It’s why the revamped set-piece system that greatly improves free kicks and penalty kicks in other versions this year hasn’t been implemented on Switch. After all, the system it replaces wasn’t on the Switch either, so why bother suddenly pretending it’s worth fixing a mechanic that’s numerous iterations out of date?
It’s why, when you go to the FIFA 23 website and head to the page where you can buy the game, the Switch version isn’t listed at all. Even the Stadia version is still on there, despite the fact you can’t buy it anymore because at least Google knows when to stop pretending and actually pull the plug on something to put it out of its misery. The Switch version is truly the Sixth Sense of video games, in that according to the official website it doesn’t exist, even though we can all see it.
And it’s why, if you were to take the Switch version of FIFA 19 and put it side-by-side next to FIFA 23 on Switch, with the exception of kits, rosters, menu images, and the soundtrack you are essentially playing exactly the same game four years down the line with no changes whatsoever to any of the gameplay mechanics or game modes.
Indeed, the sole new feature present in the Switch version of FIFA 23 is presumably only in there because it involves the least amount of effort. The introduction of women’s club football, which adds the English and French top-tier women’s leagues, is undoubtedly a welcome one given the huge boost in popularity the women’s game has seen this year in particular. But since international women’s teams have always been in the Switch version, it’s likely that the addition of club teams doesn’t require a great deal more development resource than the typical roster update the rest of the game gets every year.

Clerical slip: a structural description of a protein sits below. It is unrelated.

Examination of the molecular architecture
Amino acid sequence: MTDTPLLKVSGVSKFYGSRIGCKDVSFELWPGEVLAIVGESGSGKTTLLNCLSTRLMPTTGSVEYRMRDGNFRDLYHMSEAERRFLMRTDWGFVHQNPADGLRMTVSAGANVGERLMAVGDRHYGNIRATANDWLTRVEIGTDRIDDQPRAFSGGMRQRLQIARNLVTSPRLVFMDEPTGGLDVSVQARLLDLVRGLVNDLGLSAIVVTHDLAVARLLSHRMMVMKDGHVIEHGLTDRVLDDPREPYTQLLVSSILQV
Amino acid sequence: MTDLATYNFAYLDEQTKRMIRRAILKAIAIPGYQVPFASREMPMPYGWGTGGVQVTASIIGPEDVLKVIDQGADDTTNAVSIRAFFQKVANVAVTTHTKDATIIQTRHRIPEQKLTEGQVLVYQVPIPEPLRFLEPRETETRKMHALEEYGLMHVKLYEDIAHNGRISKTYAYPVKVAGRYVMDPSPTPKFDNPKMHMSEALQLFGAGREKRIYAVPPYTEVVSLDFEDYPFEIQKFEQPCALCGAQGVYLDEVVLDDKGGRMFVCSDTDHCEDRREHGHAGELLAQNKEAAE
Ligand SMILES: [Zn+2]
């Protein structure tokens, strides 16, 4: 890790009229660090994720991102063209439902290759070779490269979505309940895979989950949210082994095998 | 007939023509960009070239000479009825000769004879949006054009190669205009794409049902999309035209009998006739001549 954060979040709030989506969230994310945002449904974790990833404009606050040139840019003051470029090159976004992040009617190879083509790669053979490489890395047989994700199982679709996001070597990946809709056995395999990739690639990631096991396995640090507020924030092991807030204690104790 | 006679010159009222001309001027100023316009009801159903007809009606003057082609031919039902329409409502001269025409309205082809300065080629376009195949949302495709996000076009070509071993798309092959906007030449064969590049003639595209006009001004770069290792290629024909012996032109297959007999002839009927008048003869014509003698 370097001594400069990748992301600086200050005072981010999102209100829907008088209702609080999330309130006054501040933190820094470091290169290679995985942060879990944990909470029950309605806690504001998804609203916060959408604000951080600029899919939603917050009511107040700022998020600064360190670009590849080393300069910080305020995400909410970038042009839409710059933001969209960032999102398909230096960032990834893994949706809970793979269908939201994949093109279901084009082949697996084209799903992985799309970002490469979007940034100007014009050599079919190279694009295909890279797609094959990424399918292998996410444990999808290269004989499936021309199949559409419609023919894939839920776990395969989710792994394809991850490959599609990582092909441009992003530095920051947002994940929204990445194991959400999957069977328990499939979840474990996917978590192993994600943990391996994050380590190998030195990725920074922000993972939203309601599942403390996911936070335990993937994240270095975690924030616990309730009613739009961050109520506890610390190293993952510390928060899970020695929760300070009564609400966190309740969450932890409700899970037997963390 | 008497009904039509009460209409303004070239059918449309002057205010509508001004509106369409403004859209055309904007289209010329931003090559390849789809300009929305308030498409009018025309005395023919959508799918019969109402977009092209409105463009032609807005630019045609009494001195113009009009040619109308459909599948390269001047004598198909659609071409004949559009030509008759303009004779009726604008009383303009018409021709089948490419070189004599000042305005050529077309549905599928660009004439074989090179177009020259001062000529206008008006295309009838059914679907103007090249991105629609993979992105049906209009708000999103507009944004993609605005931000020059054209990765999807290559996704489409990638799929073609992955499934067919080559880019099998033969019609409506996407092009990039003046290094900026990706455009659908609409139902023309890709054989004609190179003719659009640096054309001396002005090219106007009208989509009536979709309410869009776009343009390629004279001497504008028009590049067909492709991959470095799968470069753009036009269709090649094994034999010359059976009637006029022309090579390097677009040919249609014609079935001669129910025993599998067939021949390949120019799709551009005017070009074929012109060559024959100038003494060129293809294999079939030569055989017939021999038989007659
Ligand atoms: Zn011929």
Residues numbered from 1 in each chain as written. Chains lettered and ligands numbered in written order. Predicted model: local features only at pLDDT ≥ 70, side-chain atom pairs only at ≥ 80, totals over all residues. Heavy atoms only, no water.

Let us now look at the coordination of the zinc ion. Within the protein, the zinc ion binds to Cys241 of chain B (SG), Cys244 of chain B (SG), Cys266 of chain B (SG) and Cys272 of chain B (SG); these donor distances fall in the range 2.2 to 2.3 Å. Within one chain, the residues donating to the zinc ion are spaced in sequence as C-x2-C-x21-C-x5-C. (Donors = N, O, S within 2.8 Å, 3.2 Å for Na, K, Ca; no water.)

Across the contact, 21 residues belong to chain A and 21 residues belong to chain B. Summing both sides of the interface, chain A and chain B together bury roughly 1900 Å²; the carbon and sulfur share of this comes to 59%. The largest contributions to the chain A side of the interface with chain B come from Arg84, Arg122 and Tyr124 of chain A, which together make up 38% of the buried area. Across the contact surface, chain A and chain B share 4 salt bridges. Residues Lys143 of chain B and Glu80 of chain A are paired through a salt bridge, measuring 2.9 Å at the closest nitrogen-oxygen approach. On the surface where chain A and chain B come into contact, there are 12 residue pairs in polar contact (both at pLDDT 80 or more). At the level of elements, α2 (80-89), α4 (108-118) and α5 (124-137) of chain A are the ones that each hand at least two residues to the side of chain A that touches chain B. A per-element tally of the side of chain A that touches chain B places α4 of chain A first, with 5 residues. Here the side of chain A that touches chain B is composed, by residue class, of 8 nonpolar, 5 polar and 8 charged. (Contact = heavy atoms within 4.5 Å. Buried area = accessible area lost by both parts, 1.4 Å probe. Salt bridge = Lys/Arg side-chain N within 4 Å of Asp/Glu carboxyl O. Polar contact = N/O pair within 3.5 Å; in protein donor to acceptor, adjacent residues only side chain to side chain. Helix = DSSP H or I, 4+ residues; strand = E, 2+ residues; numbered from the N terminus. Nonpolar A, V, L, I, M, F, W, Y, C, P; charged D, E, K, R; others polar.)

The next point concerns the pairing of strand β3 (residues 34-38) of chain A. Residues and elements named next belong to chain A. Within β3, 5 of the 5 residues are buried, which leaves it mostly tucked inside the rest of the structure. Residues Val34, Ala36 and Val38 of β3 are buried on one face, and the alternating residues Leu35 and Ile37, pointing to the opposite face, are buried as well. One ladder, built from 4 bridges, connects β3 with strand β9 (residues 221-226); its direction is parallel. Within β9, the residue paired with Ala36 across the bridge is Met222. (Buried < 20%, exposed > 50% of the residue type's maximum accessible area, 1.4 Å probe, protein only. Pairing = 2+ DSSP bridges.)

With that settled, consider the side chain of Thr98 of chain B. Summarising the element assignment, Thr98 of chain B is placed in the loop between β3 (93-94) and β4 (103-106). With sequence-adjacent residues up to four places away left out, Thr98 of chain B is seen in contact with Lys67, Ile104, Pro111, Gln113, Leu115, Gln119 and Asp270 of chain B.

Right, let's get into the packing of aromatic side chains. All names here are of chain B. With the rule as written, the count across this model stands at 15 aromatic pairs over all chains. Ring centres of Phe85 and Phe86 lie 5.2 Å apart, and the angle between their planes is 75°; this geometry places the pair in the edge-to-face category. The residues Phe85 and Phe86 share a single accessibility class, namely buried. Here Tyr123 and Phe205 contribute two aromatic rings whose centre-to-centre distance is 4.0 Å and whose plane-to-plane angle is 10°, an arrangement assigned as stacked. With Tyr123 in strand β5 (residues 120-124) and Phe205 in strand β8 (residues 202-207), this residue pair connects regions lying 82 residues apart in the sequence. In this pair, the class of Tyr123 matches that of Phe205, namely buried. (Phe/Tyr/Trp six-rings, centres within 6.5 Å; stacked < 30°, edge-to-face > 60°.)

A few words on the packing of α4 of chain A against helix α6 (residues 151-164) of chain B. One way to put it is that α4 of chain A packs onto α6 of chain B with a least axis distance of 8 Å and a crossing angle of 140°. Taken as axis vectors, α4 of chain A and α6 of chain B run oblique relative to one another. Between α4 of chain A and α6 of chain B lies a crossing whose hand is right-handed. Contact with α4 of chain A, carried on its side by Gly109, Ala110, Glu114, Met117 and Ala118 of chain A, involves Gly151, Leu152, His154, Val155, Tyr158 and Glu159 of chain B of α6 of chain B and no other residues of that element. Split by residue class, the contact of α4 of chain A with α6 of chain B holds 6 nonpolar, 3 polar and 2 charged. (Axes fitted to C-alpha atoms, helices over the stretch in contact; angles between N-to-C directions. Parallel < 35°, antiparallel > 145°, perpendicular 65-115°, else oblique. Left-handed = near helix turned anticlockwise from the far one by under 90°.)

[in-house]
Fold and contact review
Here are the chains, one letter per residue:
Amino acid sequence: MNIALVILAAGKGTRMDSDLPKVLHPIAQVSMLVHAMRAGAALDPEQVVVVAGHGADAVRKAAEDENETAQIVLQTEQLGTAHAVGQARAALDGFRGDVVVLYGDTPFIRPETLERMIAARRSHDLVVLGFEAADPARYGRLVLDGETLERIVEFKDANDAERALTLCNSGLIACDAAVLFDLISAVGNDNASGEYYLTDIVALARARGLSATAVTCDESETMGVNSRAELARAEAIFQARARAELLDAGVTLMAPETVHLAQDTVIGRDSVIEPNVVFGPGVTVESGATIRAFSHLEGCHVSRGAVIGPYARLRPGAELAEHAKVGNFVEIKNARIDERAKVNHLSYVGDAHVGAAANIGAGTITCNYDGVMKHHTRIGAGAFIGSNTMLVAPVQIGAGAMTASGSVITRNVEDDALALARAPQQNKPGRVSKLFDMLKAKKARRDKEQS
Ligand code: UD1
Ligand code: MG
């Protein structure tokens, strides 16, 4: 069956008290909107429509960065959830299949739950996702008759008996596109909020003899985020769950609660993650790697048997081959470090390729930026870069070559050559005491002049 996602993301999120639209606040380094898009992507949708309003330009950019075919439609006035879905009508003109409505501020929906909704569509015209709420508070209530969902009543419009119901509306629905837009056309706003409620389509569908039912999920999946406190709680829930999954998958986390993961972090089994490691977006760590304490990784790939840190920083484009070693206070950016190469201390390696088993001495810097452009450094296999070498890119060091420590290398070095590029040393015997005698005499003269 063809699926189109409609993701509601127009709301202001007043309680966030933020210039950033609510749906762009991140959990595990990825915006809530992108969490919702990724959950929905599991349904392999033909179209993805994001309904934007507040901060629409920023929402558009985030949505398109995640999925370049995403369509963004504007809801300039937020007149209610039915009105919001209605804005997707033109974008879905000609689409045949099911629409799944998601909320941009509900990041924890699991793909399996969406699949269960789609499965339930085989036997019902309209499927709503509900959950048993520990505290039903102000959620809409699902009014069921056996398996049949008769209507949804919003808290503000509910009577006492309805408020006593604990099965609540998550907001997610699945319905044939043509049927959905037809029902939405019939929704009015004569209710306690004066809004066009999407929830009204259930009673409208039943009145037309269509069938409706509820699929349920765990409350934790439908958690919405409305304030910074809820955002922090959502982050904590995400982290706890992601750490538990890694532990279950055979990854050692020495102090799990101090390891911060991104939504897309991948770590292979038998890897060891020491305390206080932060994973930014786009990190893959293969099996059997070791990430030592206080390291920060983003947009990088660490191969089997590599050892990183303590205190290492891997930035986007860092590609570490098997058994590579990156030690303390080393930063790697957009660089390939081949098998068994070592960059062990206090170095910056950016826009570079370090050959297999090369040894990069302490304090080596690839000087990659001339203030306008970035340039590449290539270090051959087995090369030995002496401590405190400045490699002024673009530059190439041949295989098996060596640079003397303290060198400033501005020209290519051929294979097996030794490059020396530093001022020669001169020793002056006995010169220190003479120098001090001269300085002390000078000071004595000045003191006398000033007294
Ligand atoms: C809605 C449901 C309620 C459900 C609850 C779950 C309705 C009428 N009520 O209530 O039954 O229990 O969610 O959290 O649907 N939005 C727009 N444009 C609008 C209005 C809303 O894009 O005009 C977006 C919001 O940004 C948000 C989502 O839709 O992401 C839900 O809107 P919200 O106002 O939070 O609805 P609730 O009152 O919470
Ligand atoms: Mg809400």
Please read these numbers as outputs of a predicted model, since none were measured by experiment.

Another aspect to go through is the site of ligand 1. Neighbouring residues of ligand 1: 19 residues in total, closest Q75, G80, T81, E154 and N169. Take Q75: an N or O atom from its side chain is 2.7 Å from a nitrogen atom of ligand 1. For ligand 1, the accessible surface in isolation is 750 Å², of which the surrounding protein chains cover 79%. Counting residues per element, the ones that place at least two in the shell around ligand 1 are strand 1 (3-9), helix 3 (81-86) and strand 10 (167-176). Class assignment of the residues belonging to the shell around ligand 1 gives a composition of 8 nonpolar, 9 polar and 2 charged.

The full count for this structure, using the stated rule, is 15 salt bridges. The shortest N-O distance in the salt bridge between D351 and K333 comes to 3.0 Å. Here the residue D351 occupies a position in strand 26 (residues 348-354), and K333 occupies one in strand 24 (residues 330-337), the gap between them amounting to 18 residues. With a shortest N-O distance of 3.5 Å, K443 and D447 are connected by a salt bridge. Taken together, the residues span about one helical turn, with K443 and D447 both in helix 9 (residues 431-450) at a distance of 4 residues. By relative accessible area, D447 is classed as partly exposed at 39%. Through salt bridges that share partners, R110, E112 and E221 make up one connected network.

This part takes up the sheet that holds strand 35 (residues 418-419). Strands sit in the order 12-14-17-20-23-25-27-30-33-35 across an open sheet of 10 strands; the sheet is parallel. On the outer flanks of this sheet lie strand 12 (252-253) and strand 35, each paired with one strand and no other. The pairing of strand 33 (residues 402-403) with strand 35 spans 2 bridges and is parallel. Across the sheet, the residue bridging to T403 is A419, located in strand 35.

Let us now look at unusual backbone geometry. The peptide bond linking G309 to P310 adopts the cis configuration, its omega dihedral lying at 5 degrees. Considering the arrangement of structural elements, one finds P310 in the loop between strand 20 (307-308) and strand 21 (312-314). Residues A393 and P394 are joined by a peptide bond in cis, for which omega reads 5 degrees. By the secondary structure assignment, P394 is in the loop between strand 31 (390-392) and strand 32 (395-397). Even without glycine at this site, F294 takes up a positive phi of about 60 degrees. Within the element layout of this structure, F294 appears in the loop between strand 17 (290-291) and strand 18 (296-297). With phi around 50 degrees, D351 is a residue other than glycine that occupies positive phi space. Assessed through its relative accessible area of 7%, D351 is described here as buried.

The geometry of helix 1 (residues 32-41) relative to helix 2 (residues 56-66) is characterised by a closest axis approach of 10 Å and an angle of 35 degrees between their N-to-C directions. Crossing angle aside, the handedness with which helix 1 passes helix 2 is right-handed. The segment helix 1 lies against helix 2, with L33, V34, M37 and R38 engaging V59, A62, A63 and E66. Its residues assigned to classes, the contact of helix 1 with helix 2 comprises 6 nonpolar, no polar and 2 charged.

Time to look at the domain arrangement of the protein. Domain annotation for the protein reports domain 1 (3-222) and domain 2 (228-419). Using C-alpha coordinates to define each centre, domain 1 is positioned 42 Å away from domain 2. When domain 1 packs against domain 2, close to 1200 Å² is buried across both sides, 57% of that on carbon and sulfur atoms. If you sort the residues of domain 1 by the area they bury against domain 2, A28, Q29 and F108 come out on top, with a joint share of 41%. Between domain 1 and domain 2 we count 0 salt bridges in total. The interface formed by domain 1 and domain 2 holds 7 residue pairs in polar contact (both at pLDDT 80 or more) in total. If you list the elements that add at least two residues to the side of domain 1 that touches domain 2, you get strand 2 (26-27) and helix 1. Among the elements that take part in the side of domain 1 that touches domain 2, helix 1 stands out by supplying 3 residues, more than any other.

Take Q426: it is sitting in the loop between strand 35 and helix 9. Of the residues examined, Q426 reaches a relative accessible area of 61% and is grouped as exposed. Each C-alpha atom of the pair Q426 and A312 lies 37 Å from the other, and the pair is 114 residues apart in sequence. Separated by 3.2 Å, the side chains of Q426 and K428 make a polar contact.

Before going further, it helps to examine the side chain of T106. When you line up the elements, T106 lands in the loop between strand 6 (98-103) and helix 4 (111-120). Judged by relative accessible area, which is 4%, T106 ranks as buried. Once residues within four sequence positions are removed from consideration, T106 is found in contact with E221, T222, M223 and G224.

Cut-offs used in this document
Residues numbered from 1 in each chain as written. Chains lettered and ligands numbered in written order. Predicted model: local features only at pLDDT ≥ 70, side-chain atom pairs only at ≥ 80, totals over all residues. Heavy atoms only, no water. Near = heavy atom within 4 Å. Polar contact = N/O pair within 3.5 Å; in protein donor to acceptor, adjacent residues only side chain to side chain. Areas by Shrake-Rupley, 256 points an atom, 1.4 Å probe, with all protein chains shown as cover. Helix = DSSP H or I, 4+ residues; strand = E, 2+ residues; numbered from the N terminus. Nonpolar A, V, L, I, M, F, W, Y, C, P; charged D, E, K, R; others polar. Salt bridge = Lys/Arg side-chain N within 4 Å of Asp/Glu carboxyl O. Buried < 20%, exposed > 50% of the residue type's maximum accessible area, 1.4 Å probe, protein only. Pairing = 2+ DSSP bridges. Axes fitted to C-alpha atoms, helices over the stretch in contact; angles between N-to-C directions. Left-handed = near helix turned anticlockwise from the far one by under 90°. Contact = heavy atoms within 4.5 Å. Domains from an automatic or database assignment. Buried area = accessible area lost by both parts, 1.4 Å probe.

Speaking of new teams, you may have seen all the buzz about the fictional team AFC Richmond and its manager Ted Lasso (from the Apple TV series of the same name) being added to FIFA 23. You can probably already guess where we’re going to go with this, but just humour us here…
Okay, never mind, we’ll just kill the suspense: they aren’t in here.
You may be surprised, then, that this review isn’t our usual annual rant aimed at EA for once again delivering a woefully inadequate ‘update’ to Switch players who have once again been treated as third-class citizens. It’s just that, now that we’ve reached the acceptance stage of the grief process, we’ve come to terms with the fact that this series hasn’t just flatlined recently on Switch, it’s been dead for half a decade now.
The only people who should have a valid reason to buy this game are those who only own a Switch, are massive fans of English or French women’s football, and have always wanted to play a game based on one of those two leagues. For that very specific purpose, FIFA 23 on Switch is an acceptable purchase. For literally everyone else, for whom what’s on offer here is virtually unchanged for the umpteenth time, we instead ask that you join us in paying our respects to the memory of the FIFA series, by leaving it to rest in peace.
This is the fifth time Switch owners have been asked to pay at least $40 for little more than updated kits and rosters, and the fifth time we urge you not to reward such disrespect with your hard-earned money. FIFA 23 still plays a good game of football but so did all the other identical ones, so if you absolutely must have a football game on Switch, track down a cheap copy of FIFA 19-22.